When exactly will a placement order be made?
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A placement order will often be made at the final hearing in care proceedings, at the same time as a care order. This is because a care plan for adoption can only be put into cation if children’s services have the court’s permission to place the child with prospective adopters.
Sometimes placement order proceedings happen separately. But this is usually soon after the care proceedings have ended. And only if in the care proceedings the Family Court decided a plan of adoption was best for the child. And a care order was made.
It is important for parents and families to be aware that the placement order stage is a key time when decisions are made about whether or not a child can go on to be adopted. So parents must ensure they have sought legal advice from a specialist children law solicitor for the care and placement order proceedings.
Adoption can only be considered as an option for a child if the court is satisfied there is no one else in the child’s family and friends’ network who can care for them.
The two highest courts in England (and Wales) are the Court of Appeal and the Supreme Court. They have decided cases that outline the legal tests for deciding whether adoption is the right option for a child. These cases have considered whether children should be adopted. Or whether there might be kinship care (family and friends) placements for them. This is because before adoption can be considered as an option for a child, the Family Court must be satisfied there is no one in the child’s family and friends’ network who can care for them.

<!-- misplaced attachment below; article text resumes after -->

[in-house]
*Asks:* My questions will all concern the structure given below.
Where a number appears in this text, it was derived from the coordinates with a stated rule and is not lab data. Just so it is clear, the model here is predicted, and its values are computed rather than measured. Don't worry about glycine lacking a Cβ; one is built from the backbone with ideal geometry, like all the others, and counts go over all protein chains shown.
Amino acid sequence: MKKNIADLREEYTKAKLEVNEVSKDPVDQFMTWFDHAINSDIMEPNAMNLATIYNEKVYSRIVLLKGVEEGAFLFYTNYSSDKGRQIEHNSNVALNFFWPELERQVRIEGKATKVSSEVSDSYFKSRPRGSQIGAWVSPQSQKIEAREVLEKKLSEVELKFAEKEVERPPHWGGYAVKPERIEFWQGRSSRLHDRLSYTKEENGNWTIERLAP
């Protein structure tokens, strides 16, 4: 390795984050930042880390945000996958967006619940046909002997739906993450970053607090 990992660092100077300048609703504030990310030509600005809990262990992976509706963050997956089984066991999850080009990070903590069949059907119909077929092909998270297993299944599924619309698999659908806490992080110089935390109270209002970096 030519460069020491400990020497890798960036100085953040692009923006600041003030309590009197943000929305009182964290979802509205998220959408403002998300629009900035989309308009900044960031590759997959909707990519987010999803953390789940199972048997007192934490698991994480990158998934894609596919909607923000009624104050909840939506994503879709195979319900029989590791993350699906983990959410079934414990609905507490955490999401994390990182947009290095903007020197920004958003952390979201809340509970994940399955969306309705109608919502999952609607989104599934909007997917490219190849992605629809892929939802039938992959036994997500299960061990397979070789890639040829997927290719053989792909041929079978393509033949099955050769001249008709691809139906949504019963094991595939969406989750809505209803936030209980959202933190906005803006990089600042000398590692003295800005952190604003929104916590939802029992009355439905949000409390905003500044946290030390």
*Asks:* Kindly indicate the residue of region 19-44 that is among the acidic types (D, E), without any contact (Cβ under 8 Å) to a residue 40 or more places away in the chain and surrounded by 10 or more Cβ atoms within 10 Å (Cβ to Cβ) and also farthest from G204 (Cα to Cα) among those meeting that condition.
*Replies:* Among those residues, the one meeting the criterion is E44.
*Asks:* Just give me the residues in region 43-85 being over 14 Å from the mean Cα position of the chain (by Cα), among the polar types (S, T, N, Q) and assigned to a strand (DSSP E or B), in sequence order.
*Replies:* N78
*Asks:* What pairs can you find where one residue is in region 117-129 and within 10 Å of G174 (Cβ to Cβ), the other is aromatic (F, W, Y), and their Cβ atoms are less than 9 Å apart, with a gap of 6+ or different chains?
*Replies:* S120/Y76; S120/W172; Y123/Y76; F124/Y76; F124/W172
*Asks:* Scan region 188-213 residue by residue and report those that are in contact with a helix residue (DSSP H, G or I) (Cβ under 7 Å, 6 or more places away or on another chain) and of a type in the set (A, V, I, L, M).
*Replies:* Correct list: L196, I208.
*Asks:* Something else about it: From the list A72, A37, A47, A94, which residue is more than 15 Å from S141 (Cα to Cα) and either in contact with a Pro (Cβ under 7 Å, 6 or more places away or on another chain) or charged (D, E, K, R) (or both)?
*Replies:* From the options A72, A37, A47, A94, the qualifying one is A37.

These cases are:
- Re B (A Child)  UKSC 33
- Re B-S (Children)  EWCA Civ 1146
- Re R (A Child)  EWCA Civ 1625 and
- Re S (A Child)  EWCA Civ 325.
Together they make clear that:
- Orders contemplating adoption where parents do not agree to it are a ‘last resort’
- Adoption orders should only be made against parents’ wishes ‘where nothing else will do’ (a phrase used by a judge in the case of Re B (A Child)  UKSC 33)
- A Family Court can only conclude ‘nothing else will do’ if it has looked at all of the options that are realistically possible for a child
- Nothing else will do means being sure all of the possible realistic options for the child to be cared for within their family and friends’ network have been looked at first
- That both options on the mothers and family sides of the family should have been looked at
- The court must analyse the arguments for and against each of the possible realistic options
An option will not be realistically possible if the court is ‘in a position of some confidence and clarity that the option is plainly not one that would have any real prospect of being chosen if a full welfare evaluation of all the pros and cons were undertaken’ (see paragraph 54 in the case of Re S (A Child)  EWCA Civ 325).